Israeli man pleads guilty to hate crime in Spring Valley library fight, may be deported
Gal Vanunu, 33,
SPRING VALLEY — A 33-year-old man who was drunk and shouted racially charged comments during a fight at a local library pleaded guilty to a hate crime and faces deportation to Israel for being in the U.S. illegally.
Gal Vanunu pleaded guilty to aggravated harassment as a hate crime and was sentenced to time-served of 12 days in the county jail by Justice David Fried on Wednesday.
“We wanted to send a loud message if you commit a hate crime we intend to prosecute the matter to the fullest,” District Attorney Thomas Zugibe said Friday.
Vanunu, an Israeli national living in the U.S. illegally beyond his visa for 10 years, has been taken into custody for a deportation hearing by the U.S. Immigration and Customs Enforcement, his lawyer, Kenneth Gribetz, said.
Vanunu had too much to drink at lunch March 24 and ended up at the Finkelstein Memorial Library, which is a few blocks from where the Seattle resident was staying with friends, his attorney said.
Vanunu had never gone into the building before that Saturday, Gribetz said.
“He expressed remorse and attrition,” Gribetz said. “He was extremely apologetic. There was no justification.”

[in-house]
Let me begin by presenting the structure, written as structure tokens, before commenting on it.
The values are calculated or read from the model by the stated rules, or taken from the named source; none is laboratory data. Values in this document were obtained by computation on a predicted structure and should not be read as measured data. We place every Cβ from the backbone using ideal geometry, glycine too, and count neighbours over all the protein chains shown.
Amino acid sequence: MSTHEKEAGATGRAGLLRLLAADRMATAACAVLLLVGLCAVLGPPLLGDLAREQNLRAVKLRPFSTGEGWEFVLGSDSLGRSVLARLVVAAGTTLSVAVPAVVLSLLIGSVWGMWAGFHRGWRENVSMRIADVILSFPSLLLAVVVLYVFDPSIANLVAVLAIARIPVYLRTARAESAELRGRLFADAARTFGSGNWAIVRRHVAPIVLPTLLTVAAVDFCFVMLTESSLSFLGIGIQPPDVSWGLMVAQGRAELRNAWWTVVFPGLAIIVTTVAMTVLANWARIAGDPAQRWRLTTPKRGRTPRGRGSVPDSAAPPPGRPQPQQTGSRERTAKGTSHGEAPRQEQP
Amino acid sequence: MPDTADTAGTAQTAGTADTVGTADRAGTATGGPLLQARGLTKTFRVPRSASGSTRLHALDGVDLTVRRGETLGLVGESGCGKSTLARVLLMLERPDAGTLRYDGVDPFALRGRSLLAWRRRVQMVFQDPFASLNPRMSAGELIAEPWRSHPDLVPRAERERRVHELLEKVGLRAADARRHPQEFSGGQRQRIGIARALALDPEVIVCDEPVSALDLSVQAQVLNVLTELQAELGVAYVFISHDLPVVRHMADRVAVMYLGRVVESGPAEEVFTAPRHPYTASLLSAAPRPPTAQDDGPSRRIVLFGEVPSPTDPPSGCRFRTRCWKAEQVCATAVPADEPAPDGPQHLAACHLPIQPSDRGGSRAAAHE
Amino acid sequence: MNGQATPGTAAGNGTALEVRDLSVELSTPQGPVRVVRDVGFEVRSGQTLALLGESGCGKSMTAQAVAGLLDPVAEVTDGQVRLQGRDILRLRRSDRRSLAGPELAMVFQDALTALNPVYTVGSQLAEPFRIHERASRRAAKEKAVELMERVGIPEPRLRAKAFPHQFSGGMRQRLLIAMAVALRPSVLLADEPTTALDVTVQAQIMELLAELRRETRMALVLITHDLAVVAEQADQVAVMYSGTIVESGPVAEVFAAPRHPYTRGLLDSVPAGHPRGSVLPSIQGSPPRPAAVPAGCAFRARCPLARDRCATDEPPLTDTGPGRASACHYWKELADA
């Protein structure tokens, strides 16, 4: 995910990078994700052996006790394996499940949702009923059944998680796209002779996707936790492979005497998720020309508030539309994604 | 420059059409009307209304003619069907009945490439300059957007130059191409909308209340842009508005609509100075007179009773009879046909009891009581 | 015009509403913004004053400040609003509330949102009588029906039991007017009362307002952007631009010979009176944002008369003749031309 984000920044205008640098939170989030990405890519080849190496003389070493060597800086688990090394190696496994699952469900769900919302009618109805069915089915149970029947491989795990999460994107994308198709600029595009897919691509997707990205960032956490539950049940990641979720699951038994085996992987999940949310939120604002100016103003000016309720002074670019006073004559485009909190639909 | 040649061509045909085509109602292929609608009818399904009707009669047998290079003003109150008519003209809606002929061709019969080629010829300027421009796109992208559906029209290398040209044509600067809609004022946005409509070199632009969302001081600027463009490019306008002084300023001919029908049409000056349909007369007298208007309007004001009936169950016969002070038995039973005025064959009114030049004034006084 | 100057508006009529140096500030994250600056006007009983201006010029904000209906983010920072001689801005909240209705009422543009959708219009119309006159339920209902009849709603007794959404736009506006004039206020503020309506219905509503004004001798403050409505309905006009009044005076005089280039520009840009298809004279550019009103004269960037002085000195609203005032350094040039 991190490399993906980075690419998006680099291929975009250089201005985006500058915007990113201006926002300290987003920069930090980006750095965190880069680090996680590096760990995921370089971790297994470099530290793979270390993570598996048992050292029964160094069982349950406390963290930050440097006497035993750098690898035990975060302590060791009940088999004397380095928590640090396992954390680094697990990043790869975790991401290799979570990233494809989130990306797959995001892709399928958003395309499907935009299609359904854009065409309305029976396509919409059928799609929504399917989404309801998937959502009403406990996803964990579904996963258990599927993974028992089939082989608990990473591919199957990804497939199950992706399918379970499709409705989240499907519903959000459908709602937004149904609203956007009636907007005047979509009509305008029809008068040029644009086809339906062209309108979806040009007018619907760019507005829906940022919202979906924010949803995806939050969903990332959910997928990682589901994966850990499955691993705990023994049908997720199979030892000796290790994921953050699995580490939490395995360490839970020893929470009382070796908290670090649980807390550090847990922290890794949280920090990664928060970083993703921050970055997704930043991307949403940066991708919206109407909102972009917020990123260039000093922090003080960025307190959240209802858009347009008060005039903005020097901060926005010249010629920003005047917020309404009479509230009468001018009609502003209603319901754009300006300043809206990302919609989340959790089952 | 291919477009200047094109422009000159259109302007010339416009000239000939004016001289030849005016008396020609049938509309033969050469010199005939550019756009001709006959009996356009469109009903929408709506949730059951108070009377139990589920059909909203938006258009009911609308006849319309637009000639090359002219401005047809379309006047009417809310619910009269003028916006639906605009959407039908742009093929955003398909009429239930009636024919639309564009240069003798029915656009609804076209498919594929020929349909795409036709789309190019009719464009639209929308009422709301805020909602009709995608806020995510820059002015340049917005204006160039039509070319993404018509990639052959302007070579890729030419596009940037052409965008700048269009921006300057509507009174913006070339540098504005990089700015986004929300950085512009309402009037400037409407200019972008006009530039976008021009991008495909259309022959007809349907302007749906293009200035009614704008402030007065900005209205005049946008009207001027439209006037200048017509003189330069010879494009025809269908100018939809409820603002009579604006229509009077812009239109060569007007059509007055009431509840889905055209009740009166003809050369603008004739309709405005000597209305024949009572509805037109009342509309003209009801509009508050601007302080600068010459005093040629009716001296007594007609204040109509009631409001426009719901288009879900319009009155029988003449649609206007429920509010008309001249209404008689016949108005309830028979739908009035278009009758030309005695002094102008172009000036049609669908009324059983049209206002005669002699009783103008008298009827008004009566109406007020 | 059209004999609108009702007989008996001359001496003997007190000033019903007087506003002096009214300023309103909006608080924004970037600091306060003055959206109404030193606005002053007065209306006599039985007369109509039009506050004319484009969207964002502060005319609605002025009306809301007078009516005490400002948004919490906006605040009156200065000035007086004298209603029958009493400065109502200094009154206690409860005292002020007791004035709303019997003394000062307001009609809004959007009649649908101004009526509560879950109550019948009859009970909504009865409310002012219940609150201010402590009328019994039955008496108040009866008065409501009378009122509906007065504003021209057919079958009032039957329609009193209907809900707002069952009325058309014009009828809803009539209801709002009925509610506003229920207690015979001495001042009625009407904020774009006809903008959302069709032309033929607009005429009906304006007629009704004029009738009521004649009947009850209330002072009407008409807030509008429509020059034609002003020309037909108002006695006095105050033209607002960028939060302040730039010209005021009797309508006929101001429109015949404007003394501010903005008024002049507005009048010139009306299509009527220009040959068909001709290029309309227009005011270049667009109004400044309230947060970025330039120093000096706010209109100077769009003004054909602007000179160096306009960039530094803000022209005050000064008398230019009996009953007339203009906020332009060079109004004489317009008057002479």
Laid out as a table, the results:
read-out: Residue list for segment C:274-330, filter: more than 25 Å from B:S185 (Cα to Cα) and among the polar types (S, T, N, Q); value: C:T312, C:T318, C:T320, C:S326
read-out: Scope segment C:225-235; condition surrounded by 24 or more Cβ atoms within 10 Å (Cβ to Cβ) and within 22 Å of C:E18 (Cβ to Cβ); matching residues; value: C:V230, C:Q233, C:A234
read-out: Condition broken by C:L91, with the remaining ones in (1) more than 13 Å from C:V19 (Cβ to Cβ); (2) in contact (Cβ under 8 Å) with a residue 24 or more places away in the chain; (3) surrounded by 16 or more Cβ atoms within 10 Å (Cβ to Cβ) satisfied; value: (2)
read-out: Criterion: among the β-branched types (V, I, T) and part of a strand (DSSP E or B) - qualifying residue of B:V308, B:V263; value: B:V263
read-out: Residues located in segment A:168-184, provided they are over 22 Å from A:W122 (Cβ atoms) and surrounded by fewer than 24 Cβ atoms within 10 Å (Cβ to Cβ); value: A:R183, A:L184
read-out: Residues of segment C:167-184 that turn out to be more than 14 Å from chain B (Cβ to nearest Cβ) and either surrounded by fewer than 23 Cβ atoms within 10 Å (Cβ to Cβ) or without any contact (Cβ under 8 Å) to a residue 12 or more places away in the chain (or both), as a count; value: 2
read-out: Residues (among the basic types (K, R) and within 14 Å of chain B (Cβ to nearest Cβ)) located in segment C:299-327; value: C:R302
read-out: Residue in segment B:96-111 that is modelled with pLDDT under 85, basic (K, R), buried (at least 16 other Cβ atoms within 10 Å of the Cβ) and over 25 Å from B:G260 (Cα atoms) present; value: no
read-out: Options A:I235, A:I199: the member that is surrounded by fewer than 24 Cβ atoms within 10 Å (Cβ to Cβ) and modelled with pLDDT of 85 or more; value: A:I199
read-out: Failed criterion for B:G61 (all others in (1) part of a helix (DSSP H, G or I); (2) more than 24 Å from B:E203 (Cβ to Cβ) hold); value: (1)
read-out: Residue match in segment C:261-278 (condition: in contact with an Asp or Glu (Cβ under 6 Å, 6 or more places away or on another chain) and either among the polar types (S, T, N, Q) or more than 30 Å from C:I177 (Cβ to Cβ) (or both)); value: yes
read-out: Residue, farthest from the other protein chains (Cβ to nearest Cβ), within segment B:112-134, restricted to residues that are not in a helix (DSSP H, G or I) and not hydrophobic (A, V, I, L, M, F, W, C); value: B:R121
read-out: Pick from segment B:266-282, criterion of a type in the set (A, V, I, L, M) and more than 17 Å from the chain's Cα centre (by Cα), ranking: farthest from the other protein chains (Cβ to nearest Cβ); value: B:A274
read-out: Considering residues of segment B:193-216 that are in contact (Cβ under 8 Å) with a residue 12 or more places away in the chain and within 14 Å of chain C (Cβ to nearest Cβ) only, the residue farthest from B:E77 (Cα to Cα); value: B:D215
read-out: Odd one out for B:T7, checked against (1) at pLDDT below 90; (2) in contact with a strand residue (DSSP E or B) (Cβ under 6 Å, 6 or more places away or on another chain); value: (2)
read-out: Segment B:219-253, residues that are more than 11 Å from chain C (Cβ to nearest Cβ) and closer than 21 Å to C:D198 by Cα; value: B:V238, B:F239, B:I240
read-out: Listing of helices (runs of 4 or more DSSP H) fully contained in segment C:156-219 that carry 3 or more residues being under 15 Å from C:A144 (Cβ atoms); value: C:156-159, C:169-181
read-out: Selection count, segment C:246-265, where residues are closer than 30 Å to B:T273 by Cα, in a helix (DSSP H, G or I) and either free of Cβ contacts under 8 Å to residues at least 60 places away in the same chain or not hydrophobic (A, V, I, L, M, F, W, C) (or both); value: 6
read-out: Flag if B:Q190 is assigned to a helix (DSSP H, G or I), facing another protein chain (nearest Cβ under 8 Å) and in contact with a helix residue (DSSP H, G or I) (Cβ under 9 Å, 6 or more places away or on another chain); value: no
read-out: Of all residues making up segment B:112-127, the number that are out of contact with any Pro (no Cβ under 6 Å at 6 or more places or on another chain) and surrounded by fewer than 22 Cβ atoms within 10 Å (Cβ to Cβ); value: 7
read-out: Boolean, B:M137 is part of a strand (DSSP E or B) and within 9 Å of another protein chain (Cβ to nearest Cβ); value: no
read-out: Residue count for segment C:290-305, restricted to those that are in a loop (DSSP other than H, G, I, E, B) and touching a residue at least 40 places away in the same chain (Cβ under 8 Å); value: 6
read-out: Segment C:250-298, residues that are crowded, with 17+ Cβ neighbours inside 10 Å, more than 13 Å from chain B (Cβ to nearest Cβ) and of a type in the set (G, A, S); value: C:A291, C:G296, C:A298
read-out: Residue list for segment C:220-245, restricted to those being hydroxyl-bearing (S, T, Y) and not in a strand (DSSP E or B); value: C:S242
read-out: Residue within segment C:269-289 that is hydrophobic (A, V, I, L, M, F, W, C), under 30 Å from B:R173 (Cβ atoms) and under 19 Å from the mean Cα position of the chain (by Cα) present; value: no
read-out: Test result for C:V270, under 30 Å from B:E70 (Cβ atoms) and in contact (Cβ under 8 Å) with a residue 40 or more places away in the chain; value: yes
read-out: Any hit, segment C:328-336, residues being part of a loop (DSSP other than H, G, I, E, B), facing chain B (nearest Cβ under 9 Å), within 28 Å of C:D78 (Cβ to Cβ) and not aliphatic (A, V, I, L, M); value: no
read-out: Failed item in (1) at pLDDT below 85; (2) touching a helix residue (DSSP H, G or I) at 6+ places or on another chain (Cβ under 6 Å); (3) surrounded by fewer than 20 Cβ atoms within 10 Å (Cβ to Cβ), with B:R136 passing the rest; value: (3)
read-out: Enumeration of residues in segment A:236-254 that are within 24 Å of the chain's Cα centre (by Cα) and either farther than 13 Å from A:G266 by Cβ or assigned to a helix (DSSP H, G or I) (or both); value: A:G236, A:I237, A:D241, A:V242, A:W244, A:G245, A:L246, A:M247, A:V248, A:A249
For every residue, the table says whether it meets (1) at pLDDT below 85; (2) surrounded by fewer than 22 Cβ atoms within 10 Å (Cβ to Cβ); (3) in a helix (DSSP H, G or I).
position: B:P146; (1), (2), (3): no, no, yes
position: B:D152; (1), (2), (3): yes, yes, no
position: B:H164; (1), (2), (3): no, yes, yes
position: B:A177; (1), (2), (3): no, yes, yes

Zugibe said being drunk didn’t mitigate Vanunu’s behavior.
“Being inebriated allows people to say what they really believe, at times, and is no excuse,” Zugibe said.
Vanunu got into a confrontation with a mother inside the library, then got into a fight with security guard Vincent Abrahams, who escorted him from the building, according to court documents.
Spring Valley police officer Joseph Brown responded to the fight between Vanunu and the guard. Brown and Abrahams are black, and Vanunu, who is white, yelled curses and racial remarks at them.
Abrahams said he suffered cuts and bruises to his hands and knees, according to a complaint.
Vanunu was charged with misdemeanor counts of third-degree attempted assault, second-degree aggravated harassment, second-degree harassment and disorderly conduct.
The aggravated harassment count involves bias-related actions or threats against a person, including those based on race, religion or sexual orientation.
The judge ordered Vanunu be held on $25,000 bail. Vanunu also was served with an immigration warrant, which kept him in jail.
Vanunu’s actions brought criticism from NAACP leader Wilbur Aldridge, who claimed such behavior could only increase tensions in the community.
The Jewish Federation of Rockland County and the Holocaust Museum and Study Center issued a statement that they were saddened by the racially motivated harassment at the library, which is next door to the Holocaust center off Route 59.
“We deeply regret that members of our community were subject to these alleged bias-related offenses and condemn these acts forcefully,” the statement said.
The statement came from Holocaust center executive director Tanja Sarett and federation executive director Diane Sloyer.
They said the incident created a teaching moment.
“Together we appeal to all citizens to look out for each other and to show respect of their fellow residents,” the statement said. “Small acts of kindness can transform everyone, touch hearts beyond any divide and open up dialogue. Let us not wait, but plant our seeds of tolerance in Rockland.”